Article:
The sites were shady but the ablutions had a strange quirk. Loads of hot water but little cold – made for interesting and hurried showers and occasional unflushed loos. We had chosen Chapman’s Peak as other possible campsites were either in undesirable areas or too far from Strandfontein Sewerage works – our goal. Despite that it was a 40 minute drive to Strandfontein Sewerage works.
The next morning we were off bright and early – probably one of the first to get to the Temminck’s Stint site on Pan 1. We hung around looking for over two hours. People came and went – virtually all saying they had seen it before and that it was always seen from one side or the other – no consensus.
Other birds and creatures came and went – African Snipe and Water Mongoose.
That kept us on our toes and spread out. Eventually we gave up too and went off to find the Red-necked Phalarope. No sooner had we thought we found it, we got a call to say the Temminck’s had shown up.
Back we went and we too eventually had a sighting of the bird. But it was always on the move and too far away to get a decent shot.
We hung around for a while enjoying the snippets of a view of the bird. Apparently Baillon’s and Spotted Crakes as well as Pectoral Sandpiper had also been seen in the same spot during December. When we were there the reeds had grown substantially since December making viewing difficult and the Temminck’s had moved further away.
Next we headed for Pan 4 and the birding stand. Greater and Lesser Flamingos everywhere to be seen. Magnificent sight of numbers and colour. While on the stand we notice three Bar-tailed Godwits among the Flamingos.
The rest of the day was spent searching for the other specials we had missed, without success.
The next day we were back there again – first stop Temminck’s Stint. One thing we immediately noticed was that there were a lot of Little Stints present – none the day before. This as you would expect was bound to make it more difficult. However when Mr Temminck’s appeared the difference was obvious.
Then it was back to Pan 4 lookout stand. A bit of breakfast and the scope doing its business scouring the waders. What looks to be a Grey Plover was close by. However it appeared quite lean and then it unexpectedly flies and I see no black armpits. Rats I wish I had time to take a photo! Will we see it again?
Back to look for the Phalarope on Pan 2. We search high and low as Trevor Hardaker had told us he had seen it there. Scope out and we search the waders looking for something different.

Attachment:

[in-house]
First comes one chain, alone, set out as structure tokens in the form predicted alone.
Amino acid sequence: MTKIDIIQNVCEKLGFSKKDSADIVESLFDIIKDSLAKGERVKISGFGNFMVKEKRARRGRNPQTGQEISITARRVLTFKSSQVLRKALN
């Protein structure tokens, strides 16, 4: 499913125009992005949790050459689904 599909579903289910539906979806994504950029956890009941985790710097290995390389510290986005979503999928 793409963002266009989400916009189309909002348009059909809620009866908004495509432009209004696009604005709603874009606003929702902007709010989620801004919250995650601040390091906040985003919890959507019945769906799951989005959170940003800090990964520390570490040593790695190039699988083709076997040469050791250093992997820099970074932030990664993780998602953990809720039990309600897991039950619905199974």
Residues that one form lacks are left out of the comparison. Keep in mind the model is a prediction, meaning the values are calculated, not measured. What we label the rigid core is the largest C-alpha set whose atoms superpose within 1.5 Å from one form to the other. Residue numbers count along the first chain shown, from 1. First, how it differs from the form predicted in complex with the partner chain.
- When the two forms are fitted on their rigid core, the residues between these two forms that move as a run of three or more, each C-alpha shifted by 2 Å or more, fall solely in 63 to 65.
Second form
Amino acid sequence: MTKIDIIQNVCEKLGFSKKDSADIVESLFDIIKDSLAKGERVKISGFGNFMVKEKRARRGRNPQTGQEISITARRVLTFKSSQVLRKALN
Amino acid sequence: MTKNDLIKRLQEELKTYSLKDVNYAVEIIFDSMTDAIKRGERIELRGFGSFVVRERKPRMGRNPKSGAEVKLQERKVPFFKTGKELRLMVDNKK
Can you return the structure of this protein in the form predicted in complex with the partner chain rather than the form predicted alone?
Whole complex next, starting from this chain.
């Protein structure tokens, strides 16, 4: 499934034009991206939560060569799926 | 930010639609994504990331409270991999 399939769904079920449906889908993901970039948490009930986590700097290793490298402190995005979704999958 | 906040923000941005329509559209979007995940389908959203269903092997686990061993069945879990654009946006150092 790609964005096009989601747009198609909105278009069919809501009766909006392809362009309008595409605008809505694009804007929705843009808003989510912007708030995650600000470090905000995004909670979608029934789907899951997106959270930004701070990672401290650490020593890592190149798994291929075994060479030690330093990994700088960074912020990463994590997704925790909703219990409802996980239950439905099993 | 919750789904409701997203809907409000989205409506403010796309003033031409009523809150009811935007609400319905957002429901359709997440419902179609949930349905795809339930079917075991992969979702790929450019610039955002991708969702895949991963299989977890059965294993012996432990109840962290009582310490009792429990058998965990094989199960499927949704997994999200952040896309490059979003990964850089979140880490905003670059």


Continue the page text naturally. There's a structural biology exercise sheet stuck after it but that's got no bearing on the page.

Only problem was that we were looking for a bigger bird than the usual waders – Curlew Sandpipers and the like. Sally consults the new Roberts and as soon as she does she realises the mistake we were making and what to look for.
Once we learnt what to look for, the bird was very obvious among the other waders through the scope. Also the Phalarope was the only ‘wader’ swimming, all others standing or wading. Unfortunately too far away to get any reasonable photos. Great to see again. And a lesson learned – be prepared and read your field guide before setting out.
Then we headed back to Pan 4 lookout point. While waiting a bigger bird than the usual waders appears – a Plover. Immediately our hopes rise. Photos are taken. It is lean unlike the Grey Plover and its colouring quite pale with no black armpits – the American Golden Plover.
Back to the Temminck’s site for a final goodbye. Stay for a while but see no Temminck’s. However out of the woodwork appears the Pectoral Sandpiper! Not a lifer for either of us but also great to see again.
Here are some of the other birds photographed at the Sewerage Works:
The next day was spent in Table Mountain NR and then Kirstenbosch Botanical Gardens.
Fortunately we arrived early at Table Mountain NR. No Wild Card then R130 per person entry.
We entered and took the first road right, down to the sea.
Along the way we saw Rock Kestrel and groups of Cape Siskin as well as Lesser Double-collared Sunbirds and Bokmakierie. At the beach head we found Karoo Prinia, Familiar Chat, Cape and African Pied Wagtails, Yellow Bishop, White-fronted Plovers, Egyptian Geese, African Black Oystercatcher, Swift, Sandwich and Common Terns.
Otherwise the Park was quiet bird-wise and then became extremely busy with bus tours so we left for Kirstenbosch.
Always a lovely spot to spend some time walking about – even if most of it seems to be uphill! We were treated to several sightings of Orange-breasted Sunbirds and Swee Waxbills. The Spotted Eagle-Owl was seen and we learned that it had three offspring nearby – which we failed to find.
Our adventure continues in Part 2.